Elevation Map of Tweets

Caitlin Dempsey


Twitter has release new maps to highlight just how prolific tweets are in London, San Francisco, and Istanbul.  Building off of the Geography of Tweets project that mapped out billions of geotagged tweets since 2009 (when Twitter started to geolocate them), this new mapping project takes a topographic look at the density of all geolocated tweets ever recorded in those three cities.    The maps were created by Nicolas Belmonte, a data visualization scientist with Twitter.  The project is named “Andes” and asks, “What would happen if all geolocated tweets in San Francisco were converted to an elevation map?”

To view the 3D map of geolocated tweets, you will need a browser such as Chrome or FireFox that supports WebGL (much like Google MapsGL).  If you access the project from other browsers such as Safari, you will be presented with a video demonstration of the maps.  The map tiles can be symbolized with a variety of choices from topo lines to Stamen’s watercolor maps (my favorite). The 3D maps is meant to be explored without roads or place names but if you absolutely want to see those, choose the “dark” view which presents a black and white map overlay with major street names.  The intensity of the elevation spikes can be changes from low to medium to high.   Use the trackpad  or your mouse to pan and tilt the map.  Select one of the three cities available from the drop down to toggle between them.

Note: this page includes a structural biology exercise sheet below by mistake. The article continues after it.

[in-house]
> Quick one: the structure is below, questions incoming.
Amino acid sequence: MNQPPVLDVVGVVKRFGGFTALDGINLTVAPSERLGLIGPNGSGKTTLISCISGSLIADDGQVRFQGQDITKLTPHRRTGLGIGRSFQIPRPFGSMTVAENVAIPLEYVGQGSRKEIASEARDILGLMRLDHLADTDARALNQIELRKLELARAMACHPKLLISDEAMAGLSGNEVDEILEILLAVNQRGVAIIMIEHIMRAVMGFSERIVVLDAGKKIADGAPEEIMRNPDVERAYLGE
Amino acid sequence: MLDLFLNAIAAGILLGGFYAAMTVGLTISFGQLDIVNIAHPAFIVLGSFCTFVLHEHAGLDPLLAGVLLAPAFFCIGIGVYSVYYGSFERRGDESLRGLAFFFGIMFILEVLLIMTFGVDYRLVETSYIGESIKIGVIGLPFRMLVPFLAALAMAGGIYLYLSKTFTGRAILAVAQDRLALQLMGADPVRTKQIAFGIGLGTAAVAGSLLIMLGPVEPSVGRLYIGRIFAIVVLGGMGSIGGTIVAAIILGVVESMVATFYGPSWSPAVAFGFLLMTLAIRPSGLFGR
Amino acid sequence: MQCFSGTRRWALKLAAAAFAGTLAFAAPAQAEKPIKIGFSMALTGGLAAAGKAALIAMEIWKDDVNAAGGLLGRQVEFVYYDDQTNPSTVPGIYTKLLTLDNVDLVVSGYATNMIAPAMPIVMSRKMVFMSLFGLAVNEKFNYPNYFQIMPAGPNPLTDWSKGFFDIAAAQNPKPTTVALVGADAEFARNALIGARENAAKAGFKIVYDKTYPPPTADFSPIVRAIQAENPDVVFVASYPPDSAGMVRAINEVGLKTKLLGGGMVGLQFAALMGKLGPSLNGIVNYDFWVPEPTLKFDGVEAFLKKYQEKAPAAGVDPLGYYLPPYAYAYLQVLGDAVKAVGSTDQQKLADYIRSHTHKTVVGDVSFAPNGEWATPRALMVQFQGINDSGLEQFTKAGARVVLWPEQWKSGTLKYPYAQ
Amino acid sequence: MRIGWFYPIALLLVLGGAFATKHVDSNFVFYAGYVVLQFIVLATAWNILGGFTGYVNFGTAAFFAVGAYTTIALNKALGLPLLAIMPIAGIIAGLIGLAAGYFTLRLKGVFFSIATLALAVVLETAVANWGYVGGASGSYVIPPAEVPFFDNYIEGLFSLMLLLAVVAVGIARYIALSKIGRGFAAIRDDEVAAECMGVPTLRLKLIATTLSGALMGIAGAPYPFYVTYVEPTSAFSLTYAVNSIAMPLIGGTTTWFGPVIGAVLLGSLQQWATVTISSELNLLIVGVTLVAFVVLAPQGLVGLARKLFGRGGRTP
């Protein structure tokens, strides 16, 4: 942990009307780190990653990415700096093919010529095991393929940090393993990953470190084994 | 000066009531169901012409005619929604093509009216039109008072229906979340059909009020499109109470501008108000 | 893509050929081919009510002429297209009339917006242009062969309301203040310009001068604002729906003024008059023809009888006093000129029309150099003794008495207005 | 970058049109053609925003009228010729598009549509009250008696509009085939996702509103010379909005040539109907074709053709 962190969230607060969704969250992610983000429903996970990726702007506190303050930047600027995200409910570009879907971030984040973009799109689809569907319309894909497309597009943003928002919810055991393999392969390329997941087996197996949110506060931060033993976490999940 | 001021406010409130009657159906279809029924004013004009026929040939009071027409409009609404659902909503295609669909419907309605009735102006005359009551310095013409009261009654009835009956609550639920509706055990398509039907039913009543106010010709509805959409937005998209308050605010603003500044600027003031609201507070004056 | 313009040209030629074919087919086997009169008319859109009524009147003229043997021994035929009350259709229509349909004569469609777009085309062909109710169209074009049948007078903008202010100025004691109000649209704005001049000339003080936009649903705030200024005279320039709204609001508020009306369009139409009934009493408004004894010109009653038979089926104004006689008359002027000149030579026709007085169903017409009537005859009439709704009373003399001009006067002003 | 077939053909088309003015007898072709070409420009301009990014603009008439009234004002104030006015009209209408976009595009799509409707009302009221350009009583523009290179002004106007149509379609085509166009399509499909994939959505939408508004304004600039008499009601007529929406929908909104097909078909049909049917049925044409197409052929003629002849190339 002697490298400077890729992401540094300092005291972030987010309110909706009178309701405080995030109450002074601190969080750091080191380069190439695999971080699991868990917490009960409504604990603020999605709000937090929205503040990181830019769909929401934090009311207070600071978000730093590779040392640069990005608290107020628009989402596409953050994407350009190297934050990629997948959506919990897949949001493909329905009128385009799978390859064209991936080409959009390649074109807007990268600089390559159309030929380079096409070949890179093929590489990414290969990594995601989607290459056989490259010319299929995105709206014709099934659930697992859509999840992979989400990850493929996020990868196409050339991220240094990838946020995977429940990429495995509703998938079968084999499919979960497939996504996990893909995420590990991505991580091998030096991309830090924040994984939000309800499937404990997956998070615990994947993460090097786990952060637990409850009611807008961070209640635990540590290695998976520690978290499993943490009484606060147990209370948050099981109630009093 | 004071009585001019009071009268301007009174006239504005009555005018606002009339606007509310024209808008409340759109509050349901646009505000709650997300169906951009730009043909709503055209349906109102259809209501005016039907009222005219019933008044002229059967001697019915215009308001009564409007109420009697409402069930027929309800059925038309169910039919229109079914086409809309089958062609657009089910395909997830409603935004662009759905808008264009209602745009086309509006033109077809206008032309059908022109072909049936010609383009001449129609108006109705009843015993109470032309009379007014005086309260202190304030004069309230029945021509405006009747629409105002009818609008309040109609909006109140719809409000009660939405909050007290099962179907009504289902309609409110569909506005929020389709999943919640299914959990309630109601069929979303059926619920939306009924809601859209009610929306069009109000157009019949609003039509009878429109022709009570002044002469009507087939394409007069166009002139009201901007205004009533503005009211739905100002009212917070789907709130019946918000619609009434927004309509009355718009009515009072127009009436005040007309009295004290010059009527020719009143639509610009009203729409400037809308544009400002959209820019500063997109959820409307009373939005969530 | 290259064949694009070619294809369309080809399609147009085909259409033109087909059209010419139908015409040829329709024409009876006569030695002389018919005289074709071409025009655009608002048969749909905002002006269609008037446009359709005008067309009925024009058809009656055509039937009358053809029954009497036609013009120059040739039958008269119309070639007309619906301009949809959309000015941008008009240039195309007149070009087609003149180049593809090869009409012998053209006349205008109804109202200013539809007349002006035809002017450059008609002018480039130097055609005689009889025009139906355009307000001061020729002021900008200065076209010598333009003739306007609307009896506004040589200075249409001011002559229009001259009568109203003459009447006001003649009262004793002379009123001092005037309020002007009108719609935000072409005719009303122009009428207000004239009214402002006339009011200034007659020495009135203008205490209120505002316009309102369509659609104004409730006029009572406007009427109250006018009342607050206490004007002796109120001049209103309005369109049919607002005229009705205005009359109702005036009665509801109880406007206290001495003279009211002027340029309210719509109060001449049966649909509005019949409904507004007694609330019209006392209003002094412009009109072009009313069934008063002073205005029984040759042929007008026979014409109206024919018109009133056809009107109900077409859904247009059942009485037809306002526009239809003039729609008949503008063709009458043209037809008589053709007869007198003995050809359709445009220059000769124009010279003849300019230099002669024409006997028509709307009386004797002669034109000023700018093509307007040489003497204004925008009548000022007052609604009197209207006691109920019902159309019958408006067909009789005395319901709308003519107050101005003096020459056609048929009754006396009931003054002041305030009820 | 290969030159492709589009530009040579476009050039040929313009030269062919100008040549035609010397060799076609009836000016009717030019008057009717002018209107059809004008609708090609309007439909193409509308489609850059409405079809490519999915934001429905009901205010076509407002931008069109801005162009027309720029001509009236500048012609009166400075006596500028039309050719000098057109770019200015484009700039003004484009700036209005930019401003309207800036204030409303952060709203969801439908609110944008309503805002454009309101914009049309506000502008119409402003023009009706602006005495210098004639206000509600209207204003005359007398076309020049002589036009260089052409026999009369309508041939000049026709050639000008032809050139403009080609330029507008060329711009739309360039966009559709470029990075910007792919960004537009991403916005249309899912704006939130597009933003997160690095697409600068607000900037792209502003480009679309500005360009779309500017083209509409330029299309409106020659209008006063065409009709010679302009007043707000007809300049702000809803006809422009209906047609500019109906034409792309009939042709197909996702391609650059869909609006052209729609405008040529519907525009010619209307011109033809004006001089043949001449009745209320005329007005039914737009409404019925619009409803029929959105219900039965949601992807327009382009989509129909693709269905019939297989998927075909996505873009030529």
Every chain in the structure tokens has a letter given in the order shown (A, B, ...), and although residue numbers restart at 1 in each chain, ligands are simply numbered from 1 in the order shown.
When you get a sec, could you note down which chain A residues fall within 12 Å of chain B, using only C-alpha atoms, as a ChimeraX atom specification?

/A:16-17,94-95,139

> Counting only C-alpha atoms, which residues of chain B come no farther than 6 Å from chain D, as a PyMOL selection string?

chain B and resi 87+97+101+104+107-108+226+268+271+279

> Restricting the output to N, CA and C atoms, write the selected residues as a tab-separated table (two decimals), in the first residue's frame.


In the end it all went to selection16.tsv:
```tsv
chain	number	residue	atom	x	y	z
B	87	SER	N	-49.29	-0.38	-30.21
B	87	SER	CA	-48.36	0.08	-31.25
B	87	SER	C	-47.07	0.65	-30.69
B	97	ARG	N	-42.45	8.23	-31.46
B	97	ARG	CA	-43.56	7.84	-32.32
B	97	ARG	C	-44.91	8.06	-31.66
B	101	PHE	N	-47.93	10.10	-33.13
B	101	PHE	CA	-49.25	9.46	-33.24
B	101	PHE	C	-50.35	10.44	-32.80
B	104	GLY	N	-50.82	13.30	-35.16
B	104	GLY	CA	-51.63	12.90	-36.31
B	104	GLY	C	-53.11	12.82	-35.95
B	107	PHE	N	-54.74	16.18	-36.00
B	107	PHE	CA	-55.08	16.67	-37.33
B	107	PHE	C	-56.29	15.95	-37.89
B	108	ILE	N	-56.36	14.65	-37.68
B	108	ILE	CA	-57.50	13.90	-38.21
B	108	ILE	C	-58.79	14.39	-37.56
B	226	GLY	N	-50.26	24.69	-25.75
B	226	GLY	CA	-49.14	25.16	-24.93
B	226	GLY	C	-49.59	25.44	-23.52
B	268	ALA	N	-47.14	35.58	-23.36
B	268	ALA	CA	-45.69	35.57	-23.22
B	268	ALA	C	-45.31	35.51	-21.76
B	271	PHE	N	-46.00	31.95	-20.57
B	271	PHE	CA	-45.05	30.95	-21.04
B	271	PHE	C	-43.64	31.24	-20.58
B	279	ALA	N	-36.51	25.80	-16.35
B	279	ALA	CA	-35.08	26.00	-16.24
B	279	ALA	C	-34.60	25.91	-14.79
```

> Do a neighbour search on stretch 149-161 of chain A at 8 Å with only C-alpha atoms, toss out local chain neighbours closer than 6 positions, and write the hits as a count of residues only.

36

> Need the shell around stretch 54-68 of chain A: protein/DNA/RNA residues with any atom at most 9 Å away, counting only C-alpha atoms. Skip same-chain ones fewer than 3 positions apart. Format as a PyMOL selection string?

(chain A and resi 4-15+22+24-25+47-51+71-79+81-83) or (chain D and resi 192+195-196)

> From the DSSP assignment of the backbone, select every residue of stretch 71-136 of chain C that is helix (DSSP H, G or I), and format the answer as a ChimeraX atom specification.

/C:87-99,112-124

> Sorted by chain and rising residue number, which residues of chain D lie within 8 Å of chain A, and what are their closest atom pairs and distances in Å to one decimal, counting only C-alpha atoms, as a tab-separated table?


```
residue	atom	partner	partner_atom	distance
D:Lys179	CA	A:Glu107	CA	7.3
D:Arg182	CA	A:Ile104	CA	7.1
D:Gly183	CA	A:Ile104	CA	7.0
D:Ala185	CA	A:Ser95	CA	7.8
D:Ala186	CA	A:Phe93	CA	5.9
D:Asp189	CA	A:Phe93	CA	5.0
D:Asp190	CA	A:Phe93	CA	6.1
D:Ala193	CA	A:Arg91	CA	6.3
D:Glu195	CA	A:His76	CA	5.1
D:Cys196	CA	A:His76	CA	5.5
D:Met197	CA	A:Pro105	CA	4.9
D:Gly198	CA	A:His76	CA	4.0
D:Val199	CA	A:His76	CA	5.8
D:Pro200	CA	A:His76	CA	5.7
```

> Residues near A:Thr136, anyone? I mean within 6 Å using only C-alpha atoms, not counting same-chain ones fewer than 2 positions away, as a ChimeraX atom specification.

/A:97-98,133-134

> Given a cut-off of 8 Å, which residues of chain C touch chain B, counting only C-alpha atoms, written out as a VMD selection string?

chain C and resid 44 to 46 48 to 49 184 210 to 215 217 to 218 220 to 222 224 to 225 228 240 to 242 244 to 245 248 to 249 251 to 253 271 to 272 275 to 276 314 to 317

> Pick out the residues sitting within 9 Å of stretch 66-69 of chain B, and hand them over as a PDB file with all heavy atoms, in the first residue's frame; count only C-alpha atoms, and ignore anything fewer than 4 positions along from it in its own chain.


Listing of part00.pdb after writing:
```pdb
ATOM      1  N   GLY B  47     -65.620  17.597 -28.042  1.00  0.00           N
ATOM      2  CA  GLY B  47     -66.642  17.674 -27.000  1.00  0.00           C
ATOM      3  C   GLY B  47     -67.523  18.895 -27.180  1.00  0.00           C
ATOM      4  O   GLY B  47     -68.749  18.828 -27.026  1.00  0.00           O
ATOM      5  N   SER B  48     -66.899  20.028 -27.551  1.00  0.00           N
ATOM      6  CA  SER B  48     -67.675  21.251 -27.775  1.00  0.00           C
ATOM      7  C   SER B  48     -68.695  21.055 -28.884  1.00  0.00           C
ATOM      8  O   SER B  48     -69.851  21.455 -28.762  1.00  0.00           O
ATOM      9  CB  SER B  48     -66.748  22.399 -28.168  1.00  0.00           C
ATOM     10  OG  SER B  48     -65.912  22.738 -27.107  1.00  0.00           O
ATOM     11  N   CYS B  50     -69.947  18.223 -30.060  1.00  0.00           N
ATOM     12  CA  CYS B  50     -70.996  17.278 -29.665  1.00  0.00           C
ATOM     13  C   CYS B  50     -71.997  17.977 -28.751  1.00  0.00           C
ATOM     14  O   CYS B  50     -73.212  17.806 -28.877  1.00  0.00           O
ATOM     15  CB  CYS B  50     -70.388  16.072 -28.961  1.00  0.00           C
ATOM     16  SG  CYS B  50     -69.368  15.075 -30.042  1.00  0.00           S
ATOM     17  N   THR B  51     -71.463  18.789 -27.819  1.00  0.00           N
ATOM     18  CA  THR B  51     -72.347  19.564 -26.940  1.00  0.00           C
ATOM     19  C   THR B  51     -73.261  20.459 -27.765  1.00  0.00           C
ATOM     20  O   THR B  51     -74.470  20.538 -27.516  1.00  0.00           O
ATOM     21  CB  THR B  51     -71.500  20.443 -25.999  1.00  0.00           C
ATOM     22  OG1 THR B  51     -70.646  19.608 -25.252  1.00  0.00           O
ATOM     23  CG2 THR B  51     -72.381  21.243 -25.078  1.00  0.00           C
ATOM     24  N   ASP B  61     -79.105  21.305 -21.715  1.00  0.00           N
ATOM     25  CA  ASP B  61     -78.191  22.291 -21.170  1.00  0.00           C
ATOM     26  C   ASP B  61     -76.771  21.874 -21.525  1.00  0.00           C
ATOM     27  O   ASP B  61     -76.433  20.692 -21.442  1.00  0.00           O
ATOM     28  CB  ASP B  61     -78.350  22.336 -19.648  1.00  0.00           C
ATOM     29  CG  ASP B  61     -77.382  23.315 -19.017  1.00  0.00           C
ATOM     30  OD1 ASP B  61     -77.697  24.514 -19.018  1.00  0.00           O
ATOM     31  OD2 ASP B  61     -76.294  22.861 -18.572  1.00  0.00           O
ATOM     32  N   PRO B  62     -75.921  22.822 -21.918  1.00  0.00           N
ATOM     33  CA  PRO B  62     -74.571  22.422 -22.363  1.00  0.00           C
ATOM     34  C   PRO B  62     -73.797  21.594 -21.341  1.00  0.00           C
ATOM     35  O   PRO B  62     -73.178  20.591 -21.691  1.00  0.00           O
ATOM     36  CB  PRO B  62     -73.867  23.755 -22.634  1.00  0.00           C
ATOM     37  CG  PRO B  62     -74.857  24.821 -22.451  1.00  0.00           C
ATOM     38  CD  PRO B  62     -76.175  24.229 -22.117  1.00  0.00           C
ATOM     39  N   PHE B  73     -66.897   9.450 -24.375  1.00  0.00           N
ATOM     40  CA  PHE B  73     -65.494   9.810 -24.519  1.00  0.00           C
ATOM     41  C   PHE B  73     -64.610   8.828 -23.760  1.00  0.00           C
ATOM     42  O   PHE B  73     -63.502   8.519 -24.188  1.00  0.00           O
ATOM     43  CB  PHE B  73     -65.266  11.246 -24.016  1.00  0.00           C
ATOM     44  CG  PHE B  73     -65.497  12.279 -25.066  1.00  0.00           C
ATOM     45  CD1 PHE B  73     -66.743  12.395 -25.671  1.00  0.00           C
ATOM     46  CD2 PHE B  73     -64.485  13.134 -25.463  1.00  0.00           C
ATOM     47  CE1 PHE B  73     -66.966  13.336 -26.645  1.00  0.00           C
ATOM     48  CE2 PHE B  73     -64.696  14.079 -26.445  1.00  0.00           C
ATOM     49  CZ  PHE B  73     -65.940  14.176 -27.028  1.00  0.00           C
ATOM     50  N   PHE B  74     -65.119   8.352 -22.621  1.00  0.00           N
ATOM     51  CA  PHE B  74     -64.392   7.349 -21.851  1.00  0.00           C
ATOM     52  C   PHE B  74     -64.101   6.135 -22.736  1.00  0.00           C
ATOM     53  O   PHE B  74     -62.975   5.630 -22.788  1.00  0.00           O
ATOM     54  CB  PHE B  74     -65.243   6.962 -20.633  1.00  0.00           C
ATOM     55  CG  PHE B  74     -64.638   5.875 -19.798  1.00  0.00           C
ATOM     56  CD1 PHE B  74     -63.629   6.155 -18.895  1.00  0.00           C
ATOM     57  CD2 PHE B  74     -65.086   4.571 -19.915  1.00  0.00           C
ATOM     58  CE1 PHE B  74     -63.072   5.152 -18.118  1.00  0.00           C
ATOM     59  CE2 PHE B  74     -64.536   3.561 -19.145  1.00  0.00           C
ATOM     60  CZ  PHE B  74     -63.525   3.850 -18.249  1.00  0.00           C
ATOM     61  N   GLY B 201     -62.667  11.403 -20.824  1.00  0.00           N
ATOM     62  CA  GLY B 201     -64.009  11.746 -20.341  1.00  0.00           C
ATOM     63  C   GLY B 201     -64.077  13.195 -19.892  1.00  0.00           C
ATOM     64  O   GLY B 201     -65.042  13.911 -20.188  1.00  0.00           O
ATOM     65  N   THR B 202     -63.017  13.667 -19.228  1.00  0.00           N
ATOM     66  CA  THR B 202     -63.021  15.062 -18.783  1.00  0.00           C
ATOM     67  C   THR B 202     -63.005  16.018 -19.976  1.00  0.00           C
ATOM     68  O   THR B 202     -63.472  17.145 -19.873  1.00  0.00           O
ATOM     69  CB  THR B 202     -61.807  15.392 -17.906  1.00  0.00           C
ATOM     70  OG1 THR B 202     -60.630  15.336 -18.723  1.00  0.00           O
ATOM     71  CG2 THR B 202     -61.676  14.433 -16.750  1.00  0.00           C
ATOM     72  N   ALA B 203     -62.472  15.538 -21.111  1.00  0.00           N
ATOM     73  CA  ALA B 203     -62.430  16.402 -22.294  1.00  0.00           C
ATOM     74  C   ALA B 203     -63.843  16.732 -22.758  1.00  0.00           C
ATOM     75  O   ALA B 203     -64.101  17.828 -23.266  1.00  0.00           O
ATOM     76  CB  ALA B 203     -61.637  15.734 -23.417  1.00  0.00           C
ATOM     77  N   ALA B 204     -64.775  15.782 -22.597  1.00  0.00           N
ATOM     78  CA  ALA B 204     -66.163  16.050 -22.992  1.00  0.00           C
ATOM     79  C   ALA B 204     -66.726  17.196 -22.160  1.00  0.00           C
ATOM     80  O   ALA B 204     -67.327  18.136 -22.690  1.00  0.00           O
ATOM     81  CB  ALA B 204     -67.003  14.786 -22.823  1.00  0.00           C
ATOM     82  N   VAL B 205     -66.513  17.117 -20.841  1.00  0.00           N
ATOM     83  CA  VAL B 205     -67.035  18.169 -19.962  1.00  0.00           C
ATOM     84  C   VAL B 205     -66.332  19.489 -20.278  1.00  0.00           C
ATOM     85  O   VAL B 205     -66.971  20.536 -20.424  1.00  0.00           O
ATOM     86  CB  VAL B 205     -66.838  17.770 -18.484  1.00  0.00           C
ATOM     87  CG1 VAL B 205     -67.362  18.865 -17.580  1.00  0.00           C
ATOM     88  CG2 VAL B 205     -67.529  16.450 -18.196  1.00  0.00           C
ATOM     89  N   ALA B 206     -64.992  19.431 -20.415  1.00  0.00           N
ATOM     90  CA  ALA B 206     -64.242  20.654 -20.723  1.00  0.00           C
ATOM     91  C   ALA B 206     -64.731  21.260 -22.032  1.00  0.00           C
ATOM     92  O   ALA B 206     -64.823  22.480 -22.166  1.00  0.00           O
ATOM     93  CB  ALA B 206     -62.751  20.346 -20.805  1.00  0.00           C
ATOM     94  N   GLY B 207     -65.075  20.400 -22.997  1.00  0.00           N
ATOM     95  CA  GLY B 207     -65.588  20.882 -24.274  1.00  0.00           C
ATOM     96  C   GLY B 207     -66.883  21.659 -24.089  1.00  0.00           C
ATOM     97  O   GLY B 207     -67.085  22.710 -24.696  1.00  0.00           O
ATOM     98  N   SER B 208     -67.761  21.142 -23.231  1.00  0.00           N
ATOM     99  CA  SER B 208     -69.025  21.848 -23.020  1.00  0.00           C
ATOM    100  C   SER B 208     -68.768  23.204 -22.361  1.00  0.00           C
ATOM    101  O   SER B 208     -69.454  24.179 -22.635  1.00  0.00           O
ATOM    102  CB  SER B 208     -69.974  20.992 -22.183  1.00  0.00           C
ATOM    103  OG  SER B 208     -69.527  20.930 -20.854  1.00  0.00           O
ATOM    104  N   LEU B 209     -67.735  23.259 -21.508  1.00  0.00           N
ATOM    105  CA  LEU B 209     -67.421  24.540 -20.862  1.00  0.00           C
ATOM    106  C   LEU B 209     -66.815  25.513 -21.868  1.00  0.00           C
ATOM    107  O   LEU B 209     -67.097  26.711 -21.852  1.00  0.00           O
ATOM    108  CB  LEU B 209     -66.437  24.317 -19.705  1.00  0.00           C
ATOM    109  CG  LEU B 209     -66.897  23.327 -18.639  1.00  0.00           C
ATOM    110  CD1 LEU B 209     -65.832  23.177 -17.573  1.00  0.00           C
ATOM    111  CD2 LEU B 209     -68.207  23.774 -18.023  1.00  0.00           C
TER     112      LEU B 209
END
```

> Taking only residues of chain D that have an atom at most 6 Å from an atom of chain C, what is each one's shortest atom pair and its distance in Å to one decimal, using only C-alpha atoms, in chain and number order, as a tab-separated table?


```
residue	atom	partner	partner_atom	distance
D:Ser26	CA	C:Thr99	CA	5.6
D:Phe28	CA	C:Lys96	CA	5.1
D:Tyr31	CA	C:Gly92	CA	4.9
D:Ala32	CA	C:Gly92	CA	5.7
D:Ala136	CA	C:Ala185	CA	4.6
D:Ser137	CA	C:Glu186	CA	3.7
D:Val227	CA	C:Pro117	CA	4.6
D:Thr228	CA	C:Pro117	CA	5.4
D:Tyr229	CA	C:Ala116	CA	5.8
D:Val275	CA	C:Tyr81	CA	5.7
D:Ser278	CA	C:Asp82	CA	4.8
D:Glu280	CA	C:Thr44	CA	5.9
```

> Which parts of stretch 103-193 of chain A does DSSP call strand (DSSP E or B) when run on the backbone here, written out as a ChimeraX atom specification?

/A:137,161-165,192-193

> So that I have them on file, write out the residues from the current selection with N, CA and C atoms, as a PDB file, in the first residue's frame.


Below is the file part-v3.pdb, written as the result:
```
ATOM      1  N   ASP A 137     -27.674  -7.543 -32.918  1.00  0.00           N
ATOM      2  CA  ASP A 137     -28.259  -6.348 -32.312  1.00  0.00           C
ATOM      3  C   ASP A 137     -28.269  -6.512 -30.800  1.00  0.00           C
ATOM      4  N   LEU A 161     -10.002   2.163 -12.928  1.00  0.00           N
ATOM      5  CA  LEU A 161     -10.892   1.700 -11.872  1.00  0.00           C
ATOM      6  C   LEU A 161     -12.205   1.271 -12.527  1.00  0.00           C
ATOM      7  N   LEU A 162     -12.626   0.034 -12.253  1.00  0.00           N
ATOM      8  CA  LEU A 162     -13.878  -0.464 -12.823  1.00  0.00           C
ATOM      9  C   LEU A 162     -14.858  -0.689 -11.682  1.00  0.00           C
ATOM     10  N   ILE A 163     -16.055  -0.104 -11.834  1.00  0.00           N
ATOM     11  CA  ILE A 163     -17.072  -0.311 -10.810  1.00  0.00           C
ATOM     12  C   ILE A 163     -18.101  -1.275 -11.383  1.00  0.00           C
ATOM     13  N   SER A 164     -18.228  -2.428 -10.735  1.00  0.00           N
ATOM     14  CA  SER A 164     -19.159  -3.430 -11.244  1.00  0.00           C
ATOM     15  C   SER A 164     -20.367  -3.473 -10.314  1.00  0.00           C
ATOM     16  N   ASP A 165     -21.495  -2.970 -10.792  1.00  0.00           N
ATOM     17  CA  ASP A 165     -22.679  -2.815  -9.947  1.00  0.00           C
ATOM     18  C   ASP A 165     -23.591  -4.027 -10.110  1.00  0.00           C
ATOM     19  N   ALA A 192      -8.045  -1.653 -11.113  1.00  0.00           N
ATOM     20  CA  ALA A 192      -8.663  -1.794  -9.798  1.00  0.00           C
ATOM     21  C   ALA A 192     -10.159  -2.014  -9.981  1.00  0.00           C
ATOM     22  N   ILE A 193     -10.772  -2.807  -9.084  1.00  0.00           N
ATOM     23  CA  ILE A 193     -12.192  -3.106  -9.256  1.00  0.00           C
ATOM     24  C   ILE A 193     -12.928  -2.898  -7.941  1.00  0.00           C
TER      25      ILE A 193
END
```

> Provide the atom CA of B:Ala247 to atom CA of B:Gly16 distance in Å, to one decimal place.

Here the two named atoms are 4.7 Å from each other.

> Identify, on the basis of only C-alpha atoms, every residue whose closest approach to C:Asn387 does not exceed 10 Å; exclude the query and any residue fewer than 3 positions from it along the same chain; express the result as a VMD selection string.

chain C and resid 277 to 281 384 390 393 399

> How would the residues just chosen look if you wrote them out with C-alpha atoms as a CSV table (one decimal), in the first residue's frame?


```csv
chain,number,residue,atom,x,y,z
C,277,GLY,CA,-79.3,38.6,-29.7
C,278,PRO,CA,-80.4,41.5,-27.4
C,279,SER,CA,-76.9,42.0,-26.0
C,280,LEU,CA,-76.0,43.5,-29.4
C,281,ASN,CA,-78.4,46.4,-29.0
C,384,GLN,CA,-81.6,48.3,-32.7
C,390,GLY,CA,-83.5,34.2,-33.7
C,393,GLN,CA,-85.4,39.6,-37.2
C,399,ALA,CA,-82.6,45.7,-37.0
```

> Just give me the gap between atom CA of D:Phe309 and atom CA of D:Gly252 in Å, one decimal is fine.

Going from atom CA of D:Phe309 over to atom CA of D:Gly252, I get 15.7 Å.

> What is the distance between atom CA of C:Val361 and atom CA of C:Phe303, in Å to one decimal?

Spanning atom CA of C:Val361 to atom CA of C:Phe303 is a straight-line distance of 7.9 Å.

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About the author
Caitlin Dempsey
Caitlin Dempsey is the editor of Geography Realm and holds a master's degree in Geography from UCLA as well as a Master of Library and Information Science (MLIS) from SJSU.

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1 thought on “Elevation Map of Tweets”

  1. It is very interesting visualization.
    I want to use the original data for analyzing the relation between number of tweets and the economic activity.
    Could you tell me how I can access to the original data. Even aggregated data is enough
    for my purpose as long as it is georeferenced?

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